Booze on an Amtrak cruise is illegal, but not obeyed, lawmaker says. Her bill would fix that.

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Booze on an Amtrak cruise is illegal, but not obeyed, lawmaker says. Her bill would fix that.

Jerry Nowicki Capitol News Illinois

Updated

  • Photo: Mel Evans | AP File Photo

Photo: Mel Evans | AP File Photo

Photo: Mel Evans | AP File Photo

Booze on an Amtrak cruise is illegal, but not obeyed, lawmaker says. Her bill would fix that.

SPRINGFIELD — A state lawmaker on Tuesday advanced a bill that would lift a 110-year-old state prohibition of alcohol consumption on trains, saying the existing law is not enforced or obeyed.

“As most people probably don’t realize … this bill was passed in 1911, pre-Prohibition,” Rep. Terra Costa Howard, D-Glen Ellyn, said during a House transportation committee hearing. “And it prohibits the drinking of alcohol on any train, train station; it also requires our engineers to make arrests.”

Daily, there are five Amtrak trains between Alton and Chicago — four on the Lincoln Service and one, with full meal service, on the Texas Eagle. The trip is scheduled to take about five hours.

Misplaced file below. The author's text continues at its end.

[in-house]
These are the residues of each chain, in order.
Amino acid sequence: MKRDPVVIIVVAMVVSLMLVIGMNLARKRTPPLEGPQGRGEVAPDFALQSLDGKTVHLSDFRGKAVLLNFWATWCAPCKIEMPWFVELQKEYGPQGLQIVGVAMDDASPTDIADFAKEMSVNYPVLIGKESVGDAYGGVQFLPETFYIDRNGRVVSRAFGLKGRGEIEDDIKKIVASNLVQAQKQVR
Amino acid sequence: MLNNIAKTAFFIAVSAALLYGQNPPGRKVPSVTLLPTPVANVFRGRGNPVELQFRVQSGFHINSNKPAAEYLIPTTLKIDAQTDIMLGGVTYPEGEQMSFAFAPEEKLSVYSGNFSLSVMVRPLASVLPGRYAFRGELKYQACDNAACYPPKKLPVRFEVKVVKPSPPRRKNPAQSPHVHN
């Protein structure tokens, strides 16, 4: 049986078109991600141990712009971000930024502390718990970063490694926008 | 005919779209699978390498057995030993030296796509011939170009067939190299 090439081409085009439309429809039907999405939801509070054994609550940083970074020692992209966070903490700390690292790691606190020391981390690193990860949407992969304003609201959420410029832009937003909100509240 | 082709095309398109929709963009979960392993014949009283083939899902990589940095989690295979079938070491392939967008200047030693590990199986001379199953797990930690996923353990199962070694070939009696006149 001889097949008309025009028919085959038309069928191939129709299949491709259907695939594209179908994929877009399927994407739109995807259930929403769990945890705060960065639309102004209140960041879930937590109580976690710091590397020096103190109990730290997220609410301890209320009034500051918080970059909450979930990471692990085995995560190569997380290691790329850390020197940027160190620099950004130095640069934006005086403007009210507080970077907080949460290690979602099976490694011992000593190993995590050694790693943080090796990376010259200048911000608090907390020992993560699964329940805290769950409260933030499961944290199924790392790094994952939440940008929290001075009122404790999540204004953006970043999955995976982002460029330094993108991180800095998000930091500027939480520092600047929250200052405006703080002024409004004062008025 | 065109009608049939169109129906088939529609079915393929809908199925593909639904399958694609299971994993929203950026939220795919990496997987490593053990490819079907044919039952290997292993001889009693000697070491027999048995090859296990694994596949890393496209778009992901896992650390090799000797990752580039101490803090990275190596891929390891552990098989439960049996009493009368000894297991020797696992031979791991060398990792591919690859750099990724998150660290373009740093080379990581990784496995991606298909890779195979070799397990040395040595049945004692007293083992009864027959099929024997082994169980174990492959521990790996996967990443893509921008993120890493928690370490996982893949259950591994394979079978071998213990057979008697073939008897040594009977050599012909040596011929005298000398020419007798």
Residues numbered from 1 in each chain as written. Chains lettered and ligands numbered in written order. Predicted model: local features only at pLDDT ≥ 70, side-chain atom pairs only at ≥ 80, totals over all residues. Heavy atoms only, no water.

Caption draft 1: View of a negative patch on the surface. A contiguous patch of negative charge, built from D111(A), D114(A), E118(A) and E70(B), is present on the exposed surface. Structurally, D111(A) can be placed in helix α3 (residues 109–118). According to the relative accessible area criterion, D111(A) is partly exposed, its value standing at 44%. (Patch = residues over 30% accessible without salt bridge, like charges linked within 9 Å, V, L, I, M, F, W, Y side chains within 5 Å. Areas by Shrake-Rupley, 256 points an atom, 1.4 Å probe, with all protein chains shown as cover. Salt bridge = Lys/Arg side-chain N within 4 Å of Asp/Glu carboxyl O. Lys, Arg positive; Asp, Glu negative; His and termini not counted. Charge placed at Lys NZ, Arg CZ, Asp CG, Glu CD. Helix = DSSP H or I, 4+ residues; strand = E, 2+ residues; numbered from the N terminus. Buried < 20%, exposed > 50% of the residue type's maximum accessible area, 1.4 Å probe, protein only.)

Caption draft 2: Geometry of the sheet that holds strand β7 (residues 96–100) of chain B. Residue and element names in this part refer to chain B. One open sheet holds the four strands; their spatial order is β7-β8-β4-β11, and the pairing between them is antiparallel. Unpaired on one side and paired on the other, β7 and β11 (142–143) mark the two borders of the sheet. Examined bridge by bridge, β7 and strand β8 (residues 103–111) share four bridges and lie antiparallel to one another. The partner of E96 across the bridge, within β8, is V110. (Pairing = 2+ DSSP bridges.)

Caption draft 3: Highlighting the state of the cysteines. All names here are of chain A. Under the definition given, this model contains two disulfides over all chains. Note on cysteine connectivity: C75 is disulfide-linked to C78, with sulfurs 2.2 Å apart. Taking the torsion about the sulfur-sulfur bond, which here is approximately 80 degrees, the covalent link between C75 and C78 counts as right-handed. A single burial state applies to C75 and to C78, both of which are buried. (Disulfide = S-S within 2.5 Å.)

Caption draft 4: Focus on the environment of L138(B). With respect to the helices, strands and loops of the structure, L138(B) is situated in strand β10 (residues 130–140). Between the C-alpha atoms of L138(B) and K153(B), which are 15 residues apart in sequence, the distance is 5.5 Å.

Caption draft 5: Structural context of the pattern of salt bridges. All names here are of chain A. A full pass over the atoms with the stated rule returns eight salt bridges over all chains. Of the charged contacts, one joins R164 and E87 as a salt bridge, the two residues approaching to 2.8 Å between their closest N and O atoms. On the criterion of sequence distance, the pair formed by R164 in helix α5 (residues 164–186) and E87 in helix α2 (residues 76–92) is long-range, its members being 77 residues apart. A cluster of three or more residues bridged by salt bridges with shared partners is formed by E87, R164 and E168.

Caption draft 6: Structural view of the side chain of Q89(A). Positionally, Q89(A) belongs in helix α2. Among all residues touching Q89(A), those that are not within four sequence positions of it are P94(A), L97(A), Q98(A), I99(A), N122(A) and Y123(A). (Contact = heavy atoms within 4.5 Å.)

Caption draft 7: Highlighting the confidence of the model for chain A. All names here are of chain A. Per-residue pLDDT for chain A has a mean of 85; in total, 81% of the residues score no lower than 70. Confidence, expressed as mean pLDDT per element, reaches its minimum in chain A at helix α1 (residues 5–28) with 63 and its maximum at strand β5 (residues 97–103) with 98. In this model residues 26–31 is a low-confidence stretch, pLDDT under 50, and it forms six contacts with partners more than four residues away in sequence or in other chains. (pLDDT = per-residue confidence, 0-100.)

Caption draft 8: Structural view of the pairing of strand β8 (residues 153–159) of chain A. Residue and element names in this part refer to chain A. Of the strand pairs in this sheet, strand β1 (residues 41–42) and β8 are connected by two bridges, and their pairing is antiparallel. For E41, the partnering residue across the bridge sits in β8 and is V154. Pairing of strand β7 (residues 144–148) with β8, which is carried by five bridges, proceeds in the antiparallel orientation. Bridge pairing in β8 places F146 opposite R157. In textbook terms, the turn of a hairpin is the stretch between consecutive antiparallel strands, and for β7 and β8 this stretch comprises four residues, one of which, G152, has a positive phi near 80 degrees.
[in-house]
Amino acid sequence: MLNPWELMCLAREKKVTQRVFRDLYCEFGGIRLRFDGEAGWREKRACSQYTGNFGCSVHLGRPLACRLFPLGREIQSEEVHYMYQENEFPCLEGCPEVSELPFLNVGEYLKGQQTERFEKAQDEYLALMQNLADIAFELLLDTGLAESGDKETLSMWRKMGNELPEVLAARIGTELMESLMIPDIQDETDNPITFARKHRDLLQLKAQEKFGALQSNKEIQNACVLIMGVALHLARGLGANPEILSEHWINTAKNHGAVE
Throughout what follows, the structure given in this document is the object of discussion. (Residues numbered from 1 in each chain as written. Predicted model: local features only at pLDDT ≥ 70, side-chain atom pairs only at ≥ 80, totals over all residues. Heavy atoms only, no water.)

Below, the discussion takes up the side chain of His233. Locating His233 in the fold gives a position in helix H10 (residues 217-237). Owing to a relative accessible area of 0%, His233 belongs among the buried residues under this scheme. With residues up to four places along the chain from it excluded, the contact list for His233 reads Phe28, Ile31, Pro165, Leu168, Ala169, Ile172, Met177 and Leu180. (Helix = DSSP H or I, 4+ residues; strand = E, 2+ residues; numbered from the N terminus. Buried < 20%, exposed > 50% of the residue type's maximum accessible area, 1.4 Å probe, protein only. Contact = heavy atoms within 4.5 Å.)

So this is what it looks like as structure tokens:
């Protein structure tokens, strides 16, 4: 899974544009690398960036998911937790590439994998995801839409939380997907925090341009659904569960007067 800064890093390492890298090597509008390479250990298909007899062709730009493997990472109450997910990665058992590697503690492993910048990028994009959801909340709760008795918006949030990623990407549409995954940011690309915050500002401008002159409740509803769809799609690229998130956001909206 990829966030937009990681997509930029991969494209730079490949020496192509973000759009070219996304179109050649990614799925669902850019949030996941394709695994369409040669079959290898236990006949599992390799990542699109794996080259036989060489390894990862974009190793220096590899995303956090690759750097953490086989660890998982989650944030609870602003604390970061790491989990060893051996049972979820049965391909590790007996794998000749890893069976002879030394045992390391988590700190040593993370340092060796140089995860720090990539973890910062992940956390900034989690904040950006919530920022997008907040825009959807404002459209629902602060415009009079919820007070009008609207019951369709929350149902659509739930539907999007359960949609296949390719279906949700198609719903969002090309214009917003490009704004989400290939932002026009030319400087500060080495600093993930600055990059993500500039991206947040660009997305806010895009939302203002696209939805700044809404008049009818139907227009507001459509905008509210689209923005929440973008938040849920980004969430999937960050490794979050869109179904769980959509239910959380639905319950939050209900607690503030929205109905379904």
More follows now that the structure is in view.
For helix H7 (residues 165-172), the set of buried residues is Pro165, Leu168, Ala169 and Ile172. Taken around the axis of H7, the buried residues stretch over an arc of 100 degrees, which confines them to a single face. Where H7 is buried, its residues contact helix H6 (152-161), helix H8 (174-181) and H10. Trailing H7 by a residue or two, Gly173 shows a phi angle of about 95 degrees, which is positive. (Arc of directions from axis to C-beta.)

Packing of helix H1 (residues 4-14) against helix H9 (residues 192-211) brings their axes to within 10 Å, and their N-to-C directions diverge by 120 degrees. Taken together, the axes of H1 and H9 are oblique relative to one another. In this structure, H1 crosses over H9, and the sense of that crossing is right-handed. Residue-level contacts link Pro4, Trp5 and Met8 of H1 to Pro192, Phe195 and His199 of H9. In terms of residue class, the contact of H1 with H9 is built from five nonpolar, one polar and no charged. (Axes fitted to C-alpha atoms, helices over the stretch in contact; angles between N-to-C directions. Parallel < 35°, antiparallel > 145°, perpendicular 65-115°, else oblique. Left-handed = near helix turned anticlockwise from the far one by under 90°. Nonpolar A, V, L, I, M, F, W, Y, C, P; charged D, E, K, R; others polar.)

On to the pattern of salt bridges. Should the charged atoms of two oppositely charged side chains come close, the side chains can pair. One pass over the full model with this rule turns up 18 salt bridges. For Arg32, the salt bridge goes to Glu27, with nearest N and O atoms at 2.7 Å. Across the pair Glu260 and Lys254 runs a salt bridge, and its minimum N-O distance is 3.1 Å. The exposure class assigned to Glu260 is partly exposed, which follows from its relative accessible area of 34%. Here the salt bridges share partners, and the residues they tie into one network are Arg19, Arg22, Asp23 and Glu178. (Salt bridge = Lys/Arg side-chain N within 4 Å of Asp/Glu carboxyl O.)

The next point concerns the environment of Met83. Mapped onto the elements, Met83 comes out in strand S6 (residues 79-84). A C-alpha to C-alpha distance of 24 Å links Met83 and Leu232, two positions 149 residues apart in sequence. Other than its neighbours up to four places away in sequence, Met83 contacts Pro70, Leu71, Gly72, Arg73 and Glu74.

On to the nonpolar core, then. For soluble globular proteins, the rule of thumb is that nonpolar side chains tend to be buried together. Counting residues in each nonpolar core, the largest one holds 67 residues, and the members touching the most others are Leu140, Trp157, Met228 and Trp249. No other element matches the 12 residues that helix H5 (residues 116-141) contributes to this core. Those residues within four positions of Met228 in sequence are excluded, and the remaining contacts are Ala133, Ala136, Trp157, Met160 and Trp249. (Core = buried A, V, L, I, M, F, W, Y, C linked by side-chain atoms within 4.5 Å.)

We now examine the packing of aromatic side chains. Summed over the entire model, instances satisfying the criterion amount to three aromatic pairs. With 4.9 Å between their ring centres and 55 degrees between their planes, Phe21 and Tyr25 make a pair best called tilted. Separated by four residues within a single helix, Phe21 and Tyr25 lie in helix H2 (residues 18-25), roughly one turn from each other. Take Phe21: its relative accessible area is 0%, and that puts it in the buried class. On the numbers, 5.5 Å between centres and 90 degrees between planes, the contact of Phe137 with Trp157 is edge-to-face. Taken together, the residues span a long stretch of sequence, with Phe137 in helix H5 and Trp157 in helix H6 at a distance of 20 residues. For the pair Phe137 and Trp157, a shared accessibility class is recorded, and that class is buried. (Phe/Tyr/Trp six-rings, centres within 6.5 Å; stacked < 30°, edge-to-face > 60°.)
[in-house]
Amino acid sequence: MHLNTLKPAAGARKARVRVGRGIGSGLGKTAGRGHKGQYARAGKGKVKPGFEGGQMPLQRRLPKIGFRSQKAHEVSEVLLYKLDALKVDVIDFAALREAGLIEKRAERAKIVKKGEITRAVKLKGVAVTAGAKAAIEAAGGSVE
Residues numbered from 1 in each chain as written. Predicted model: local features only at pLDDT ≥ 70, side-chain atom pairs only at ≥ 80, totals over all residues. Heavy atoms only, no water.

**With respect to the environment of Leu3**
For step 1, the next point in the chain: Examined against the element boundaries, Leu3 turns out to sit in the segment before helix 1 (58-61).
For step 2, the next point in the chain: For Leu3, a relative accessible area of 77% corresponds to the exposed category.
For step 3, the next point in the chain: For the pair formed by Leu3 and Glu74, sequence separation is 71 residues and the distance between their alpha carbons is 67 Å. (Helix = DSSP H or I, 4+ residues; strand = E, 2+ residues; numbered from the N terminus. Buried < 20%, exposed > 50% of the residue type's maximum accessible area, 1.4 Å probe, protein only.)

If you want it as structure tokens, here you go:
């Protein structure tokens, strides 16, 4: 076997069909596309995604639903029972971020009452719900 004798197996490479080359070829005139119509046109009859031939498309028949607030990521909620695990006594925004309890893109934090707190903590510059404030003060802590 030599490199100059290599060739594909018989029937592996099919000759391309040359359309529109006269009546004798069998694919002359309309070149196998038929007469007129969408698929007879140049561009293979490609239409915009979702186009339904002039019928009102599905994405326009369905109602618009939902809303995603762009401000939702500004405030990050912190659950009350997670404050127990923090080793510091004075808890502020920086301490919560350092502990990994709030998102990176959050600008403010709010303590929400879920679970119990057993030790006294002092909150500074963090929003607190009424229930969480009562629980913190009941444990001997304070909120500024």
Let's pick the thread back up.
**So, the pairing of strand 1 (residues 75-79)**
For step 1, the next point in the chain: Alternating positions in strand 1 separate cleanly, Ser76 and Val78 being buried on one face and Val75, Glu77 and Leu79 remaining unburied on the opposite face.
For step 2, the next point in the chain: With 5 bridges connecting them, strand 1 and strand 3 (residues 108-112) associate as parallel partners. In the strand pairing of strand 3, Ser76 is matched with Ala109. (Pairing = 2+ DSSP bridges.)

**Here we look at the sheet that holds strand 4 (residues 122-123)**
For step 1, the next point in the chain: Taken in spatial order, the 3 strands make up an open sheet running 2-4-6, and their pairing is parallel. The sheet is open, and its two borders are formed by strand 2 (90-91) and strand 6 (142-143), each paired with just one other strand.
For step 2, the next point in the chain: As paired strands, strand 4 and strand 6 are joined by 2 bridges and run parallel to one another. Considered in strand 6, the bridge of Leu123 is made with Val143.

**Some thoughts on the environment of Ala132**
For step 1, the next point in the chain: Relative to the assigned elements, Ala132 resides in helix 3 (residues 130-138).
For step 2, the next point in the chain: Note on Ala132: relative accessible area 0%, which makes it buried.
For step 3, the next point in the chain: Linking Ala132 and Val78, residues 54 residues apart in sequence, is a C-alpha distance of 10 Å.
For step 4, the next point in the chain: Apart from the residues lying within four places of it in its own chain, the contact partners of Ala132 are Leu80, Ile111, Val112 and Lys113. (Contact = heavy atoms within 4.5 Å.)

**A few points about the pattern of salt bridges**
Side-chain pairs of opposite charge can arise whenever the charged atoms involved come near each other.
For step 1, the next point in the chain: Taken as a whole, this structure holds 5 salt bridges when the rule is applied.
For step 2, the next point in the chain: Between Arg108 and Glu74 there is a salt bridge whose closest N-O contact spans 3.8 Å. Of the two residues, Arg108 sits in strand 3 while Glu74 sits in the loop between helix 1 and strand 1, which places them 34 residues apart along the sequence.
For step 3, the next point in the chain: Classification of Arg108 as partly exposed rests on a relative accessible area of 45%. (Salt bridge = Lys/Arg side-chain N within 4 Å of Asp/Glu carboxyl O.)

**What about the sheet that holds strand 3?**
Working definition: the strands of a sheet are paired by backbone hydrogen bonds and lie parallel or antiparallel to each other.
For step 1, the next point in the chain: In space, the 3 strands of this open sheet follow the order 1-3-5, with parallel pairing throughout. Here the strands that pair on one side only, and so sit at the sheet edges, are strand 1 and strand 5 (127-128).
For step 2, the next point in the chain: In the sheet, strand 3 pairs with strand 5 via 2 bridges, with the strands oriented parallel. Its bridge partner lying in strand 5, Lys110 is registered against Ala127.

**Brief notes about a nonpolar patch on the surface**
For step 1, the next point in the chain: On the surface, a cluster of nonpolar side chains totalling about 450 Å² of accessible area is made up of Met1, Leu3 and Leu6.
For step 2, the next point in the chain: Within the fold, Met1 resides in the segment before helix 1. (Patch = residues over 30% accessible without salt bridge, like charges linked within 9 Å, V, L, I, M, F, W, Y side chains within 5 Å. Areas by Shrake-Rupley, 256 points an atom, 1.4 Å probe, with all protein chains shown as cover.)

Chicago-bound trains are scheduled to depart Alton daily at 5:22 a.m., 7:27 a.m., 8:45 a.m., 3:47 p.m. and 6:17 p.m. Trains from Chicago are scheduled to arrive in Alton daily at 11:20 a.m., 1:57 p.m., 6:20 p.m., 9:48 p.m. and 11:33 p.m.

According to Costa Howard, the 1911 alcohol prohibition on passenger trains is not being enforced. Under the current law, drinking alcohol on a train a Class C misdemeanor. She also said that some municipalities are charging homeless people with drinking at or near a train station.

“There are other mechanisms to enforce not drinking and driving … and public intoxication other than this law,” she said.

While her bill would repeal the state-level prohibition of drinking on trains, it would allow rail systems to ban alcohol consumption entirely or on certain days — such as during rowdy street festivals — if they believe it necessary.

She said train engineers currently do not make arrests but will notify local law enforcement of unruly passengers and have them removed at the next stop. That process can still continue under her bill, she said.

Costa Howard said there is no opposition to her bill because many people are unaware of the existing prohibition. It advanced Tuesday to the full House on a 9-2 vote, with Reps. Tom Weber, R-Lake Villa and Natalie Manley, D-Joliet, opposing it.

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via Alton Telegraph

February 28, 2020 at 06:55AM

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